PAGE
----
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Governance And Activist Investors Outside Of The United States



Governance in Japan, Germany, and China has been changing as “western” governance systems have increasingly been adopted. Traditionally, boards of directors in these nations have largely been composed of insider manager directors. In 2015, Japan adopted a new governance code that strongly emphasized the importance of firms to elect many more independent outside directors. Activist shareholders and a strong market for corporate control have traditionally been absent in Japan. More recently, shareholders have been more active and the most successful ones have been labelled “engagement” funds. The change is signaled, for example, by the Japanese Government Pension Investment Fund choosing an activist investor, the Taiyo Pacific Partners LP—a U.S. based engagement fund —to manage some of its $1 trillion in assets. Furthermore, the Japanese Financial Services Agency has introduced a “stewardship code” that calls on investors to “press for greater returns.” As such, the Japanese environment is becoming more oriented toward “shareholder rights,” although the approach comparatively is not as “activist” as found elsewhere in the world. Besides a new brand of activism in Japan, activism is spreading around the globe including Germany. Again, a revised governance code pushed for more shareholder-friendly governance arrangements, including an emphasis on outside directors and stronger emphasis on executive long-term incentive compensation. With stronger emphasis on shareholders’ rights, activist funds pursued more activity. Cevian Capital, an activist fund, is involved in ownership with ThyssenKrupp and Bilfinger. Likewise, Elliott Management, another activist fund, is involved with Celesio and Kabel Deutschland. Although management teams are quite suspicious of activists in Germany and other continental European countries, “Germany is an area where activists may look because of its protections for minority investors in takeover deals.” However, research shows that activist investors have less influence on top management teams because of restrictive governance regulation. For example, one study found that activist investors’ involvement did not lead to increased CEO turnover. Although some activism has taken place in mainland China, firms in Hong Kong have been targeted more by activist funds. Hong Kong-listed companies have been loosening rules for foreign ownership and, therefore, companies have been paying more attention to what investors think in regard to governance and transparency. In mainland China, however, often shares are mostly owned by parent business group firms as well as the government or, because they are often younger, they are still owned by the firm’s founders. As such, there is less potential influence for foreign investors on company decisions. However, the Shanghai-Hong Kong Stock Connect program has accelerated opportunities for activists on the mainland. Through the Connect program, foreign financial institutions can have direct access to mainland China’s capital markets. This means that foreign ownership will have more activist influence because of shareholder voting rights in local mainland China-listed firms. Also, many home-grown Chinese activist funds thrived due to their recent investments in the technology sector with the success of Alibaba, Tencent, and many other high technology firms. But how do owners from emerging market countries and countries with significant government ownership influence the firms they invest in overseas? Interestingly, sovereign wealth funds, many from emerging economies, are playing a dominant role by investing in developed economies as well as other emerging economies. In their own way, they are playing an activist role. For example, since the global financial crisis, many German firms have sought investment from sovereign wealth firms from Gulf States in the Mideast. In particular, many German major automobile firms have recruited Gulf Cooperation Council (GCC) sovereign wealth fund investments during the stresses of financial restructuring spurred by the financial crisis. These sovereign wealth funds are long-term investors and reduce the possibility of a hostile takeover, which has become a more prominent feature in the German corporate governance landscape. Sovereign wealth funds are also taking active roles in climate change. For instance, the Norwegian sovereign wealth fund is divesting its assets in coal and other fossil fuels. Its strategy is to focus its wealth to have an influence on salient sustainability issues, such as climate change. Another example is the acquisition activity of Brazilian multinationals, which have been supported by its sovereign wealth fund, the Brazilian Development Bank (BNDES). BNDES has been “involved in several large-scale operations and helped orchestrate mergers and acquisitions to build large ‘national champions’ in several industries.” For example, “BNDES helped rescue Brazilian meatpacker JBS-Friboi, which aggressively expanded internationally by acquiring large U.S. producers Swift and Pilgrim’s Pride, among others. In summary, western governance devices and shareholder activism have been spreading globally, and owners in emerging economies are participating in the market for corporate control and in restructuring investments, especially sovereign wealth funds that also exercise influence in developed as well as developing countries. These funds often focus to support government strategies, such as in China’s energy sector, where the Chinese government is seeking to acquire more energy assets and natural resources to support its economy. Sometimes these sovereign funds also support government positions, such as Norway, which is using assets to emphasize sustainability, an important social and political movement. Sources: M. Almadi & P. Lazic, 2016, CEO incentive compensation and earnings management, Management Decision, 54(10): 2447–2461; J. Braunstein, 2017, The domestic drivers of state finance institutions: Evidence from sovereign wealth funds, Review of International Political Economy, 24(6): 980–1003; L. Fletcher & E. Johanningsmeier, 2017, Hedge funds prosper on China tech but bubble fears emerge, Wall Street Journal,, September 12; N. Hasegawa, H. Kim, & Y. Yasuda, 2017, The adoption of stock option plans and their effects on firm performance during Japan’s period of corporate governance reform, Journal of the Japanese and International Economies, 44: 13–25; T. Kaspereit, K. Lopatta, & D. Onnen, 2017, Shareholder Value Implications of Compliance with the German Corporate Governance Code, Managerial and Decision Economics, 38: 166–177; K. Nagata & P. Nguyen, 2017, Ownership structure and disclosure quality: Evidence from management forecasts revisions in Japan, Journal of Accounting and Public Policy, 36(6): 451–467; O. Noreng, 2017, Norway’s diversification, World Oil, 238(12): 23; M. Stancati & M. Farrell, 2017, Saudi Sovereign Wealth Fund sets growth targets, Wall Street Journal,, October 26; X. Geng, T. Yoshikawa, & A. M. Colpan, 2016, Leveraging foreign institutional logic in the adoption of stock option pay among Japanese firms, Strategic Management Journal, 37(7): 1472–1492; B. Alhashel, 2015, Sovereign wealth funds: A literature review, Journal of Economics and Business, 78: 1–13; K. Narioka, 2015, Activist investors in Japan find some doors cracking open, Wall Street Journal,, January 29; S. G. Lazzarini, A. Musacchio, R. Bandeira-de-Mello, & R. Marcon, R. 2015, What do state-owned development banks do? Evidence from BNDES, 2002–09 World Development, 66: 237–253; A. Musacchio & S. G. Lazzarini, 2014, Reinventing State Capitalism: Leviathan in Business, Brazil and Beyond, Cambridge: Harvard University Press; X. Sun, J. Li, Y. Wang, & W. Clark, 2014, China’s sovereign wealth fund investments in overseas energy: The energy security perspective, Energy Policy, 65: 654–661. Case Discussion Questions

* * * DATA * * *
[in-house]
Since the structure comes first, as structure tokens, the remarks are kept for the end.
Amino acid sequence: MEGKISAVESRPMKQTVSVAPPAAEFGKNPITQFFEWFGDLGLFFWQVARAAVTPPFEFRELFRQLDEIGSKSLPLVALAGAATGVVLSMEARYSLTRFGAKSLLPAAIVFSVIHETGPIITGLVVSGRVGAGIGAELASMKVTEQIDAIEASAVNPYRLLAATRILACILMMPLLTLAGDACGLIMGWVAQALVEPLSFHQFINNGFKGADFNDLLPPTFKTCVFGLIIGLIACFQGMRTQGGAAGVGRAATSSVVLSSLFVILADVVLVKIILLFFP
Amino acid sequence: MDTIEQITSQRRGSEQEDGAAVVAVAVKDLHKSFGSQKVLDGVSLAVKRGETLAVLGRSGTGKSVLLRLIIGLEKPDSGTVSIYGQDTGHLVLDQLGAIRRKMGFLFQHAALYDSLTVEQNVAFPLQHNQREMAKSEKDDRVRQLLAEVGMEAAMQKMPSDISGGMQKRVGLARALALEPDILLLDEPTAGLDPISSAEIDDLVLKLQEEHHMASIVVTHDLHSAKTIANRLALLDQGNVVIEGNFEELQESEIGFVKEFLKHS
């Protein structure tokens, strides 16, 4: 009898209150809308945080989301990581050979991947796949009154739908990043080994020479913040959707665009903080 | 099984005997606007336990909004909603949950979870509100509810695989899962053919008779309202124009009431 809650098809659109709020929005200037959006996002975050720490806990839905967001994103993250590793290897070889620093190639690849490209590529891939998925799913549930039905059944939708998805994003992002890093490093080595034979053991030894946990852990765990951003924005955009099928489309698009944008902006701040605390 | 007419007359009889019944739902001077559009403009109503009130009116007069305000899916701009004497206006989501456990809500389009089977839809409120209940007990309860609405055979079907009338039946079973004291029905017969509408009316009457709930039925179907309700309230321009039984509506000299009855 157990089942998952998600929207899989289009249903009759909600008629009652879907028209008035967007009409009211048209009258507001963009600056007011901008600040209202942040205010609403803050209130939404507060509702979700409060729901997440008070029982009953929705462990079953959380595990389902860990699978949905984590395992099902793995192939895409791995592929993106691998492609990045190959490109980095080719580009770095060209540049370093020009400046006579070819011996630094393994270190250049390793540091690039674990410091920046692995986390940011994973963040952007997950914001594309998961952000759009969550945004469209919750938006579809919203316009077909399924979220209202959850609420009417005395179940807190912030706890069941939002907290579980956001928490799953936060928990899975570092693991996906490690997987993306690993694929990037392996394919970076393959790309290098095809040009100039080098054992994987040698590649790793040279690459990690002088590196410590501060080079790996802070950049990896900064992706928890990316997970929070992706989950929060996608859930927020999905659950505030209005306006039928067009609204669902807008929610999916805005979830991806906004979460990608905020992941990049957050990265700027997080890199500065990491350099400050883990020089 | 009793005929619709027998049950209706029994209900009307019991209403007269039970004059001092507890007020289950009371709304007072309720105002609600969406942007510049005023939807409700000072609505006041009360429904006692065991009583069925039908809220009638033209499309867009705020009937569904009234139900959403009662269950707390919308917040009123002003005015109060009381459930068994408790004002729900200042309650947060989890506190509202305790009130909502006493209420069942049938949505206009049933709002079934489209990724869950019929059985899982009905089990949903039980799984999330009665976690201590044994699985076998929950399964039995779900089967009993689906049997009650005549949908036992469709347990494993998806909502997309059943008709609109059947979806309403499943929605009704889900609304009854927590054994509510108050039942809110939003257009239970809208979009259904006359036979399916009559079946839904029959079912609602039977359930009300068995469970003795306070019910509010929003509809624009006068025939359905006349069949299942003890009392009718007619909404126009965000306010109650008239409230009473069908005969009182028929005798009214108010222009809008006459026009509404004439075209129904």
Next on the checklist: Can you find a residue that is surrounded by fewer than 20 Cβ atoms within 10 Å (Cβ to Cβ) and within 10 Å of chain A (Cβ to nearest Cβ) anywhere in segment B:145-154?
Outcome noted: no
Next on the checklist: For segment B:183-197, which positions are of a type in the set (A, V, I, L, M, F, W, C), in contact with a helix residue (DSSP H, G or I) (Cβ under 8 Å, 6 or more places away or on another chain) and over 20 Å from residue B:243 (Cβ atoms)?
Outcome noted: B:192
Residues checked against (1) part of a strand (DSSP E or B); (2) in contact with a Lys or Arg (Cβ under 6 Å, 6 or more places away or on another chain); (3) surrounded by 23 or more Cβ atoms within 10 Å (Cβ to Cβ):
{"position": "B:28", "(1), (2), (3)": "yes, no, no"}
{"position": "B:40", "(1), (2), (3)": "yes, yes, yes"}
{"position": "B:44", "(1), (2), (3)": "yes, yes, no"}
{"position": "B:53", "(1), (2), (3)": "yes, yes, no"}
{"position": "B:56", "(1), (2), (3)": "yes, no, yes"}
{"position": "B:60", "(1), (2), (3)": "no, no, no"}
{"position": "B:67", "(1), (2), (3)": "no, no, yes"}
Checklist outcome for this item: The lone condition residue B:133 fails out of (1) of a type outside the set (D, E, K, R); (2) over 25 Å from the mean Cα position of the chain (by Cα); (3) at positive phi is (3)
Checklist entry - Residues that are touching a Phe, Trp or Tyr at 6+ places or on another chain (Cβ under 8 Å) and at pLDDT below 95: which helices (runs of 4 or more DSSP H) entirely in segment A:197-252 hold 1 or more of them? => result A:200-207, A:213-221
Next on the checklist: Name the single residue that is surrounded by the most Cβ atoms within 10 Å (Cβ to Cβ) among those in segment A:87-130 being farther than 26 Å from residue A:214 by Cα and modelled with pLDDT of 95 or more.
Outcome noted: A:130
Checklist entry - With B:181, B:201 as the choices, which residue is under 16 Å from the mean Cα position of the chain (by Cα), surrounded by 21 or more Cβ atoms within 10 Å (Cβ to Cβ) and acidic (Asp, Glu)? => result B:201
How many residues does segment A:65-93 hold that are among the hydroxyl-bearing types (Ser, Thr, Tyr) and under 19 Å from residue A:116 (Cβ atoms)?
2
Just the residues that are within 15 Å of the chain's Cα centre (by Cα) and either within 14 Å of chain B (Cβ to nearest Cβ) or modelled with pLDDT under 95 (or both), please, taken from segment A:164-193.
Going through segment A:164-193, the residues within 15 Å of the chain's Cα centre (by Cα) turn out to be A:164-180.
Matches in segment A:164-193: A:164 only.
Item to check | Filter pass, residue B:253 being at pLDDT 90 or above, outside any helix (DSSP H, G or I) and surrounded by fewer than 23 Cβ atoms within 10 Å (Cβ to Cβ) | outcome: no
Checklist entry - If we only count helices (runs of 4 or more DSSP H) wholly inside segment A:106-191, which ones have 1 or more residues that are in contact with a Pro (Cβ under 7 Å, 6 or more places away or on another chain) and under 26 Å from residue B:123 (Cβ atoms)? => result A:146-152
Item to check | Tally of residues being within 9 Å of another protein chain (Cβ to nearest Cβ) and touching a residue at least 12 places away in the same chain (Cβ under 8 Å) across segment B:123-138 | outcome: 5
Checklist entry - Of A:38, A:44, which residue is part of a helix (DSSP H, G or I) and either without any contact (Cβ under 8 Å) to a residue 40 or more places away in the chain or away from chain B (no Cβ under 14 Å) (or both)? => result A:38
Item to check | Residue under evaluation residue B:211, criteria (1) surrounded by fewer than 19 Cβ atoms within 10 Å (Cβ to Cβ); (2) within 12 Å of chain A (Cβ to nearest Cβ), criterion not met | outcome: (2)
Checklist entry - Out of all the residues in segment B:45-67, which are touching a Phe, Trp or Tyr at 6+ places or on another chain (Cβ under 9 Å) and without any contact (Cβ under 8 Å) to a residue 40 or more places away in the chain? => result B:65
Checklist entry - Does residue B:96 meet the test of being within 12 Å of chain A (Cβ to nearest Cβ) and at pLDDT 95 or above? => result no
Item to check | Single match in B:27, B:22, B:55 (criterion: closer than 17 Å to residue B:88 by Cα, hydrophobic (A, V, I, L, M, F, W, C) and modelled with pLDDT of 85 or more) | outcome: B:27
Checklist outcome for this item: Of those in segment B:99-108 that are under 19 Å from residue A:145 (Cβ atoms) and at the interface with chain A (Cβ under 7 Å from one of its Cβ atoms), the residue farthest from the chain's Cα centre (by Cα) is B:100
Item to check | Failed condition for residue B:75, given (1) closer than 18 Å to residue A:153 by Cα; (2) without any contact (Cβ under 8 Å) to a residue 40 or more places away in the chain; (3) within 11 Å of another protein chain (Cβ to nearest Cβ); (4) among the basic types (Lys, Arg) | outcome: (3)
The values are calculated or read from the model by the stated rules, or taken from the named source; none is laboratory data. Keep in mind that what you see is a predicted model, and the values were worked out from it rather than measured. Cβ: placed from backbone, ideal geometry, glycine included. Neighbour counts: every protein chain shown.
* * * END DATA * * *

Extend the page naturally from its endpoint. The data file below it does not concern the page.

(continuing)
1. Why are many countries adopting “western” governance systems similar to those found in the United States and the United Kingdom that are more shareholder friendly?

2. What particular governance devices are helping or hindering good governance in these countries that are changing their governance systems?

3. How do sovereign wealth funds affect governance of firms in home and foreign countries?

4. What would you recommend to improve the governance systems in Japan, Germany, and China, respectively, given the governance devices described in Chapter 10?